6- García Márquez, Chronicle of a Death Foretold.
11- García Márque, Chronicle of a Death Foretold 13- García Márquez, “The Saint” in Strange Pilgrims [Doce cuentos pelegrinos, 1992].
15-23 Receso de primavera 25- Ana Lydia Vega (Puerto Rico), “Eye-Openers” [“Cuento en caminio”] in True and
False Romances [Falsas crónicas del sur (1991).
27- Roberto Bolaño, “Mauricio, ‘The Eye’ Silva” [“El Ojo Silva”] in Last Evening on
ABRIL: 1- Roberto Bolaño (Chile), Distant Star (1996). Due date for Essay #1. 8- Bolaño, Distant Star.
10- Ena Lucía Portela (Cuba), One Hundred Bottles (2002). The topics for the final essay will be distributed.
15- Portela, One Hundred Bottles 17- Portela, One Hundred Bottles 22- Patricio Pron (Argentina), My Father’s Ghost is Climbing in the Rain (2011). Due
date for Blog #3: Topic TBA.
24- Pron, My Father’s Ghost is Climbing in the Rain 29-Pron, My Father’s Ghost is Climbing in the Rain. Conclusion
Final essay is due on May 6 @ 9:30 AM.
Course Readings Bolaño, Roberto. “Mauricio ‘The Eye’ Silva.” Last Evening on Earth. New York : New Directions Books, 2007. 106-20.
Borges, Jorge Luis. Borges A Reader: A Selection from the writing of Jorge Luis Borges. New York: E. P. Dutton, 1981.
Cortázar, Julio. We Love Glenda So MuchandA change of Light. Trans. Gregory Rabassa. New York: Vintage Books, 1984.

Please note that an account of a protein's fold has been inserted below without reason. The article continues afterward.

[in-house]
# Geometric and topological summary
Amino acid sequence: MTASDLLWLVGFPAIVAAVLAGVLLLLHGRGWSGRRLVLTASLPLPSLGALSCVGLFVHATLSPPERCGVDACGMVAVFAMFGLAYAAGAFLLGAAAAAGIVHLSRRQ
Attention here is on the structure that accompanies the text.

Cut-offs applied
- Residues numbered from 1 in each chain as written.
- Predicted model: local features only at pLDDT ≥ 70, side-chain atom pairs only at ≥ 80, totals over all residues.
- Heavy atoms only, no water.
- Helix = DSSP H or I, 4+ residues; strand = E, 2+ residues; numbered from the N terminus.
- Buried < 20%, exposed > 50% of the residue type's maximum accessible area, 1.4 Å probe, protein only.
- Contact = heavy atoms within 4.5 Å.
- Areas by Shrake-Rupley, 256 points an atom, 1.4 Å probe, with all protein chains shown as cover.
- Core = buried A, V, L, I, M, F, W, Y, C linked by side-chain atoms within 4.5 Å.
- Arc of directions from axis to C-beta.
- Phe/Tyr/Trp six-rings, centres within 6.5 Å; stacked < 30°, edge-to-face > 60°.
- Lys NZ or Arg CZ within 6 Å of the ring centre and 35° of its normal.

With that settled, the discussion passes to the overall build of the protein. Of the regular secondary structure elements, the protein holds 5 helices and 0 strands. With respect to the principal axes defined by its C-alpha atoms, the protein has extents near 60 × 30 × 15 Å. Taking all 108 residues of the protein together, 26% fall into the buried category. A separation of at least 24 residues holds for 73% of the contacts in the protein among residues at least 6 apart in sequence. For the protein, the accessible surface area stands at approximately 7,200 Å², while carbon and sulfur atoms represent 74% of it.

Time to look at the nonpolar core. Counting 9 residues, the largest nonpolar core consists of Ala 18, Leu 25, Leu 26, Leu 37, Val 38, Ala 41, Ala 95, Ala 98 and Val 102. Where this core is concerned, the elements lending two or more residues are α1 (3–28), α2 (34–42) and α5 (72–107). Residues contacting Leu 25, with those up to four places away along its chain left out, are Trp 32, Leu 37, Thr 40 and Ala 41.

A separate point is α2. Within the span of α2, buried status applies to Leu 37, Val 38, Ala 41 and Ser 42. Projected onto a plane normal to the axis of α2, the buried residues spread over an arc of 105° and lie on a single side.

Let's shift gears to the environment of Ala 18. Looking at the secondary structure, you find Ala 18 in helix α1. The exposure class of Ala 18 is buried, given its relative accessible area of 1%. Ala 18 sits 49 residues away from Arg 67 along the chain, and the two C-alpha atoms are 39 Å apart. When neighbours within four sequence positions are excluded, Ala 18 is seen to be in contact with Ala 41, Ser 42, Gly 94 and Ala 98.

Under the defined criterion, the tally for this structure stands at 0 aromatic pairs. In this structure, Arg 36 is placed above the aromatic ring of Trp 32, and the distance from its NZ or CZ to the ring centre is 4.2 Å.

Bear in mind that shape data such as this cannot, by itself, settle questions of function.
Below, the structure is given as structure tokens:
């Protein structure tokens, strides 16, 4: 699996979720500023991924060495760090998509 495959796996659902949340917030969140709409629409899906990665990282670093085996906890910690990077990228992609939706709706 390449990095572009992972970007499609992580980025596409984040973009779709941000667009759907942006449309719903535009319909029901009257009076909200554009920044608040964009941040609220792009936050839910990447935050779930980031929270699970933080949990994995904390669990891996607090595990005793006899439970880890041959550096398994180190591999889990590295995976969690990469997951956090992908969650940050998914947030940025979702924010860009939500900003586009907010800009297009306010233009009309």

Foucault, Michael. “ What is an Author” in Language, Counter-Memory, Practice. Ed. & Intro. Donald F. Bouchard Ithaca, NY: Cornell UP, 1977. 113-38.
González, Aníbal. “’Press Clippings’ and Cortázar’s Ethics of Writing.” Julio Cortázar: New Readings. Ed. Carlos Alonso. New York: Cambridge UP, 1998. 237-57.
Lejeune, Philippe. “The Autobiographical Pact.” On Autobiography. Trans. Katherine Leary. Minneapolis: U of Minnesota P, 1989. 3-30.
Pope, Randolph. “How One Becomes What One is (Not?): Vargas Llosa’s Autobiographical Myth.” Mario Vargas Llosa and the Persistence of Memory. Ed. Miguel Angel Zapata. Lima: Biblioteca Nacional del Perú & Hofstra University, 2006. 19-26.
Saunders, Max. “Autobiografiction (Ver Vera Toro p. 49)
Toro, Vera, Sabine Schlickers, Ana Luengo. “Introducción. Auto(r)ficción: modelizaciones, problemas, estado de la investisgación.” La obsesión del yo: La auto(r)ficción en la literatura española y latinoamericana. Eds. Vera Toro, Sabine Schlickers, Ana Luengo. Madrid y Frankfurt: Iberoamericana y Vervuert, 2010. 7-30.
Vargas Llosa, Mario. “The Truth about Lies.” Making Waves. Ed. & trans. John King. London: Faber & Faber, 1996. 320-30.
Vega, Ana Lydia. “Eye-Opener.” True and False Romances. Trans. Andrew Herley. New York: Serpent’s Tail, 1994. 143-61.